Colin Quinn is a BS artist.
He’s been one since he sat on the stoops of Park Slope, where he and his Brooklyn pals used to ride each other over their ethnicities, religions, sexual preferences, physical and emotional shortcomings, IQs and mothers.
“There is no such thing as taboo on my show,” Quinn, 43, says in the dressing room of “Tough Crowd,” his half-hour Comedy Central show that airs Monday through Thursday at 11:30 p.m. EST. “This is an outgrowth of the stoop, a bunch of people, in this case all sicko comedians, sitting around ranking on each other and dumping on the main news headlines. The best part is that we don’t have any experts. Except experts in comedy.”
The result is a politically incorrect, totally irreverent and hilarious comedy throwdown. Think “The McLaughlin Group” tossed into a blender with roller derby. There is nothing else like it on TV, network, premium cable or basic cable. And the best part is that despite being sandwiched between Letterman and Leno, it’s holding its own in the ratings, keeping much of the young, hip audience from the very popular “Daily Show,” which precedes it.
“Where else can you find a show where the host encourages you to trash him every night?” asks frequent guest Jim Norton, Quinn’s pal from Manhattan’s Comedy Cellar.
“The thing you hope for is that it makes people who watch lighten up and laugh about the things that make us different,” says Keith Robinson, a black comedian who often exchanges racial barbs with white colleagues.
“Colin is exactly the same on this show as he is when we all sit around the Comedy Cellar,” says Nick DiPaolo, whose ethnically-charged humor is mostly unprintable in a family newspaper, even the stuff about his own family. “The difference is that the night before the show, they give you the topics and you do a little homework. Which is funny, because we wouldn’t be doing this for a living if any of us ever did our homework in school.”
The likeable Quinn started as a standup comic in Brooklyn’s Pip’s Comedy Club. After years in the beery trenches of the comedy circuit, where he was known for his tobacco-auctioneer fast delivery, he put on a one-man show, “Sanctifying Grace,” in the Irish Arts Center. It caught the attention of Lorne Michaels of “Saturday Night Live.” Quinn was hired to read the “SNL” mock newscast in the mid-’90s.
Michaels then produced Quinn’s critically acclaimed “An Irish Wake” on Broadway and later served with Jerry Seinfeld as producer when NBC gave Quinn a three-episode trial show in 2001. It was hysterical. But politically correct network TV hadn’t seen this kind of humor since “All in the Family.” The show didn’t get picked up.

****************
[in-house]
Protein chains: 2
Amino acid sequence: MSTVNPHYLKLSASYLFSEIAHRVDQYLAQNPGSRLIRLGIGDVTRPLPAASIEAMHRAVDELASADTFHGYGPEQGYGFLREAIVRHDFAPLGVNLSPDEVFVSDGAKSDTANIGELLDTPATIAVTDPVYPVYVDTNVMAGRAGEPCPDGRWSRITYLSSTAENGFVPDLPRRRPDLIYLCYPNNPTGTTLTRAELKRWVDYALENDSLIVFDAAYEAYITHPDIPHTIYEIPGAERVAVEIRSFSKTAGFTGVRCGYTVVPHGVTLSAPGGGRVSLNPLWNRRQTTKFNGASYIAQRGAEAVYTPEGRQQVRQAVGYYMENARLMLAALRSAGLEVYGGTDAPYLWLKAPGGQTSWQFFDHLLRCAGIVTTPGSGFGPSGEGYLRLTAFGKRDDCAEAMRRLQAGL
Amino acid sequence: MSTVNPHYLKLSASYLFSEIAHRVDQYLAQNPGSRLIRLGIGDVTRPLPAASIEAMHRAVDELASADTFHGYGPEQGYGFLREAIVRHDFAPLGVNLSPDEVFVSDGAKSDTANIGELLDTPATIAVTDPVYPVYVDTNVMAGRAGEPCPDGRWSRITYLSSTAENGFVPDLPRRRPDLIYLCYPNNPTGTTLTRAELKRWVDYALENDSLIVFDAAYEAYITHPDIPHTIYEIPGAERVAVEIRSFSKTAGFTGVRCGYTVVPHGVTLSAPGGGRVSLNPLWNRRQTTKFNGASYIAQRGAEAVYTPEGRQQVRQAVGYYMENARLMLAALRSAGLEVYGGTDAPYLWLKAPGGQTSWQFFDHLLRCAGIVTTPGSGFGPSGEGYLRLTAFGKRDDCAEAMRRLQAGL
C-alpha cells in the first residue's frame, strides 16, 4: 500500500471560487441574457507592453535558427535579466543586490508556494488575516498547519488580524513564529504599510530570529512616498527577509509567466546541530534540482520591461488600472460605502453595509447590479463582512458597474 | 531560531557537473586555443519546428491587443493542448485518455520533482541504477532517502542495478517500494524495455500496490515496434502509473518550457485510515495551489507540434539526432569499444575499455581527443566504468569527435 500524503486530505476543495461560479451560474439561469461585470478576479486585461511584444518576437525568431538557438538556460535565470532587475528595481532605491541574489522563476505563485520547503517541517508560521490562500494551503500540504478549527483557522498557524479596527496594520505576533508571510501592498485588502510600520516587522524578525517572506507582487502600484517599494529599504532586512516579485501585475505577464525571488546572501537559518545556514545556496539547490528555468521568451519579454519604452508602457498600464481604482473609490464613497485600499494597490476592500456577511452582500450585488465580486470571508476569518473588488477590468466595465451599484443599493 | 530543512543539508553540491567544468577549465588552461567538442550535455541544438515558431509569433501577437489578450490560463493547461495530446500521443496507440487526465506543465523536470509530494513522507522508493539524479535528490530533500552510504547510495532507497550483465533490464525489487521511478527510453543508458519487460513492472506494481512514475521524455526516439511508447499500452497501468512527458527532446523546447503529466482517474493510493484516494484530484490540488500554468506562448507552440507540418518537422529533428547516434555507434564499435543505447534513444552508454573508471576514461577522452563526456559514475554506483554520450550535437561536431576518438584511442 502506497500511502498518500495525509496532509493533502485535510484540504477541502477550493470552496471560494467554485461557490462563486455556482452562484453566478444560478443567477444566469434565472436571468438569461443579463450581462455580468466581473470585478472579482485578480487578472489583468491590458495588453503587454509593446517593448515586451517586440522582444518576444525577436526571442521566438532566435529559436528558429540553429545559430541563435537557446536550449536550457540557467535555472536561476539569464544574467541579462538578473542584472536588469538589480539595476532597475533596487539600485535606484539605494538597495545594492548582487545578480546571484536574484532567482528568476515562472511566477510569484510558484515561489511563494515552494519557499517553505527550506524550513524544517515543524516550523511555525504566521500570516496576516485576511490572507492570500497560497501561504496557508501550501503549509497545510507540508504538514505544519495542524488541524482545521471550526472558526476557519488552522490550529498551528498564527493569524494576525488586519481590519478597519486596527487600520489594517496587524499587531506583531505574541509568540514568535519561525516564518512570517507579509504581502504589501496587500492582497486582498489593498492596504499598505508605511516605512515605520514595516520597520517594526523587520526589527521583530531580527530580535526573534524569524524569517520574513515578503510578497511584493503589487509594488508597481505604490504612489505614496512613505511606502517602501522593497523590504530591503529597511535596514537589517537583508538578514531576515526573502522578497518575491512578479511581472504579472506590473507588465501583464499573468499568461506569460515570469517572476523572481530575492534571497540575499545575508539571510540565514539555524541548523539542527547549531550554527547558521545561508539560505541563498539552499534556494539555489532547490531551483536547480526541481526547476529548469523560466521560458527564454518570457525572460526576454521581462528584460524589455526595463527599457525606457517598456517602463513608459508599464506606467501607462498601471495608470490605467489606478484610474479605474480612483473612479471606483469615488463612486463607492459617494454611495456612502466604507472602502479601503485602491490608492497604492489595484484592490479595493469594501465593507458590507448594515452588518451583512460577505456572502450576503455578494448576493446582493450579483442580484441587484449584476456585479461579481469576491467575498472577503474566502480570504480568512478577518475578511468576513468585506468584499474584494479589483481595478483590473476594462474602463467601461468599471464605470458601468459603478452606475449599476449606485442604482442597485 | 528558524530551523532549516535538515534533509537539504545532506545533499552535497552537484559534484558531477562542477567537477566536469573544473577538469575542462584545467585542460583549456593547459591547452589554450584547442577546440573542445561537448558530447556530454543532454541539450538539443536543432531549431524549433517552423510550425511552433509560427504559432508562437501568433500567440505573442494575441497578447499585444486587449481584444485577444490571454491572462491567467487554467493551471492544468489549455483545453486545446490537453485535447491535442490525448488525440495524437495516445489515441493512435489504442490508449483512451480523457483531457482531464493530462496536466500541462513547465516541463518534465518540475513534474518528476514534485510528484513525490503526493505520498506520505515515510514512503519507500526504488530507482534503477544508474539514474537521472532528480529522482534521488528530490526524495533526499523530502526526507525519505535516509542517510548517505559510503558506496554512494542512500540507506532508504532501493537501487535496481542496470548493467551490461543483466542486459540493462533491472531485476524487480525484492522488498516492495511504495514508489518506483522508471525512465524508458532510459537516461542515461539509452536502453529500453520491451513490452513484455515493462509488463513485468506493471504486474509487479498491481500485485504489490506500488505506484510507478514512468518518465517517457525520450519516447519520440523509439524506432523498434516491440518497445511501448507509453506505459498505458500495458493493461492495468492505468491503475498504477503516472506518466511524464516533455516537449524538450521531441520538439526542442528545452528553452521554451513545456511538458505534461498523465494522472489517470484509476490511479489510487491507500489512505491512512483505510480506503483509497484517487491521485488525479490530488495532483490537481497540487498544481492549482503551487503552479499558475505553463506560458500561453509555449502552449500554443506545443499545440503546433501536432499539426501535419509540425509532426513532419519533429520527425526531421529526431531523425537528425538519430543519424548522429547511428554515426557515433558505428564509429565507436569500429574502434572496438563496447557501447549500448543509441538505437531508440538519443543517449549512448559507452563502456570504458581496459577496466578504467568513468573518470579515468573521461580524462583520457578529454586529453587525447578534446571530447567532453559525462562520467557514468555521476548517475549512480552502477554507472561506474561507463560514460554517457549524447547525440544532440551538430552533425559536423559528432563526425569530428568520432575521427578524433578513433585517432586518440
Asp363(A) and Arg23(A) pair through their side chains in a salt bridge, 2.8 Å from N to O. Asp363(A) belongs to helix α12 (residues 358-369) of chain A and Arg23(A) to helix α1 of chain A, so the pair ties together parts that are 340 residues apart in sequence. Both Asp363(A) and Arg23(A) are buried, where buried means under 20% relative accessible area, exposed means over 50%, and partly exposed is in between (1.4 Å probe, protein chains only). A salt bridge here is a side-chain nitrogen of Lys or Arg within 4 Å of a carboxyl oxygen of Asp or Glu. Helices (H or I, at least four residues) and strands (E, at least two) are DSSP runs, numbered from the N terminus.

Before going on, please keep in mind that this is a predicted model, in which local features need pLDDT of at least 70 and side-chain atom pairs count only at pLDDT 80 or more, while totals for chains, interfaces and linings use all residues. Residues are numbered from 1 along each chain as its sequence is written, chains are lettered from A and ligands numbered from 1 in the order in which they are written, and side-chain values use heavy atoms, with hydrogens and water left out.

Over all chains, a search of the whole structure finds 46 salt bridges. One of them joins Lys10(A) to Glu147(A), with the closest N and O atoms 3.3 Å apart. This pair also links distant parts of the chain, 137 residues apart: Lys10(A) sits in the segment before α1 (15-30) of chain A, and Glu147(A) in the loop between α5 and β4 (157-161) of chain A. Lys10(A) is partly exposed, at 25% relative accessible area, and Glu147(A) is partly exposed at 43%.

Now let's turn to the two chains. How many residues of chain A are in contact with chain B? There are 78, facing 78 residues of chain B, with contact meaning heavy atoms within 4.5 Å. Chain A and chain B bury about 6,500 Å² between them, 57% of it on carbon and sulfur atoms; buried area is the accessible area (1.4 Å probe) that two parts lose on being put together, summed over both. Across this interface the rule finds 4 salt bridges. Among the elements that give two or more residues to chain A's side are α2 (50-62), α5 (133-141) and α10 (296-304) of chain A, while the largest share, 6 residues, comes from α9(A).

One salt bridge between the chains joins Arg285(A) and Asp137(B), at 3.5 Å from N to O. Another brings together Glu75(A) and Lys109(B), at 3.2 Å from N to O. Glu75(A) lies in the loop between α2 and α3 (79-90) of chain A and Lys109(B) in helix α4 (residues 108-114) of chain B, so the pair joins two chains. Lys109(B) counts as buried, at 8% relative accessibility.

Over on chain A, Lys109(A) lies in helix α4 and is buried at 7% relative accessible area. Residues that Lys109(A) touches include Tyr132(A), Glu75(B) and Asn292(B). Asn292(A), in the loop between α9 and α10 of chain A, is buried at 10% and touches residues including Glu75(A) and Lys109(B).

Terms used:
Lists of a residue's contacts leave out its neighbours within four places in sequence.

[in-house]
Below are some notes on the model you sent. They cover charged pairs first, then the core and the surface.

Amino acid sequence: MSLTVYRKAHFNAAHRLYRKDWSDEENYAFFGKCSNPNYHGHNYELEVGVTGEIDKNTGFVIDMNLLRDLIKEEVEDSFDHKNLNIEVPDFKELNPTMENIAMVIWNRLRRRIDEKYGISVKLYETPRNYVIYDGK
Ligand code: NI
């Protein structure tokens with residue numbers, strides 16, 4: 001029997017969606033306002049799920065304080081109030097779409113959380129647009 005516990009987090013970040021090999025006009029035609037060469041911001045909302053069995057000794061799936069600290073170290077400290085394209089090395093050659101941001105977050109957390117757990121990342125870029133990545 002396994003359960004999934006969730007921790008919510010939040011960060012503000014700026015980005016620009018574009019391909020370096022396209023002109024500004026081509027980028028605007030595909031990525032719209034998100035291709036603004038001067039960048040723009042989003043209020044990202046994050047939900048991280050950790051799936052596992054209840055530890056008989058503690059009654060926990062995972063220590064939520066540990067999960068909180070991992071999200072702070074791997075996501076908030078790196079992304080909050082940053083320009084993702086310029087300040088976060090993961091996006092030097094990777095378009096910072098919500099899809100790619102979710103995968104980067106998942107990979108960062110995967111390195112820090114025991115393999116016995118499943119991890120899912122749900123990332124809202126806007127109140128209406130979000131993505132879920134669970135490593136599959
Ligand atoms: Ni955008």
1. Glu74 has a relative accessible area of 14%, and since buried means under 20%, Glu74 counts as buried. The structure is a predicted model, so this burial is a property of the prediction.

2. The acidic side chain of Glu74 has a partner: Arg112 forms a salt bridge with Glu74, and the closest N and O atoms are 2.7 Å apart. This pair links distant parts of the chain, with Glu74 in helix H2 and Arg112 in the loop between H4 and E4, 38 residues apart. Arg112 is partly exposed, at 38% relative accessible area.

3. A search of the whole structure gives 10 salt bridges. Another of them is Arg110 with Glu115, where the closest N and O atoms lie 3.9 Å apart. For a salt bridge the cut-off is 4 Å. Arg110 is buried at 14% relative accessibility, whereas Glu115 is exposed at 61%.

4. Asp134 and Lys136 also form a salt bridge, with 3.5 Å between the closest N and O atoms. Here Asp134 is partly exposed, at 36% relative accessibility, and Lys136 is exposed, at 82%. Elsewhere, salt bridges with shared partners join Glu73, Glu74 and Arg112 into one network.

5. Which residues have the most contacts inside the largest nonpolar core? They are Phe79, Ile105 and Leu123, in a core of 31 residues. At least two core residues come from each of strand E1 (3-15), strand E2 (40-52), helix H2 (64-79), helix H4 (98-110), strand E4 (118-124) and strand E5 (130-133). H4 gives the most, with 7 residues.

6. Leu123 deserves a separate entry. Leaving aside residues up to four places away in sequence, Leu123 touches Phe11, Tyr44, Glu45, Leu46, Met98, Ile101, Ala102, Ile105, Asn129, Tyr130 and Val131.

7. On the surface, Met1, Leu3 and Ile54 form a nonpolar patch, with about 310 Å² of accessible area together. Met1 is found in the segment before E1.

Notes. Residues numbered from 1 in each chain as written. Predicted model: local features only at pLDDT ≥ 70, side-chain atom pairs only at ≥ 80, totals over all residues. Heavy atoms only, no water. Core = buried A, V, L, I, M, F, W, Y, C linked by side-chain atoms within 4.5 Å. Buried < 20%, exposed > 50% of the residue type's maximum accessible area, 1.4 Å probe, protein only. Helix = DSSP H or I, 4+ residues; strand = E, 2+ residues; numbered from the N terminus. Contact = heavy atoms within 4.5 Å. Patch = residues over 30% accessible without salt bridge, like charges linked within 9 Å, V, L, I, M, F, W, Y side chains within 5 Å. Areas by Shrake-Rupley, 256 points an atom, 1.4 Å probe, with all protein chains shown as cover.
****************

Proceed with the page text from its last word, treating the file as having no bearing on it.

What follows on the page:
“The thing that killed the NBC show was the very thing we were crucifying every night, political correctness,” Quinn says. “The suits all thought it was funny, but it was just too scary for them. “
But while “The Colin Quinn Show” was in its trial run, executives at Comedy Central told Quinn they would take the show if NBC didn’t pick it up.
“So here I am,” Quinn says. “This is my dream come true. I just want young audiences today to know what the world used to be like, when people weren’t afraid to say what was on their minds, for laughs.”
Quinn rises early each morning in his West Side apartment, walks to work, stopping in a bakery for blueberry muffins and two containers of tea (“Irish penicillin”). He then goes to the Sony studios on West 53rd Street, meets with his assistant, Ellen Theus, and by 10 a.m. is working with his main writer, Ken Ober, on that night’s monologue. He next has a “topic meeting” with his producers, Rich Korson and Liz Stanton, and his other writers, Bryan Tucker, Laurie Kilmartin and Jon Marshall. They rehearse in the late afternoon, tape in front of a live audience at 6 p.m. and edit the show for the nightly broadcast.
After it’s over, Quinn goes for a long walk through Manhattan, drinking up the diverse and perverse city that formed him, planning the following day’s show.
“We have total freedom here,” Quinn says. “The only thing Comedy Central censors is vulgarity, but I don’t want vulgarity on the show. I’d rather go to the mat over content, political stuff, ethnic, racial and religious stuff. For example, dumping on religion has always been OK so long as it was Catholicism and the Christian right. They deserve to be nailed. But so should Judaism, Islam, Buddhism and any other BS religion.”
Quinn has called in a few markers, attracting big-name guests like Seinfeld, Denis Leary and Chris Rock.
“The only other big name I really want is George Carlin, who is the reason I got into this business,” Quinn says. “He’s the king. But mostly it’s just hardworking comedians trashing each other and the world. Which is the same thing I did on the Brooklyn stoop, except they pay me for this.”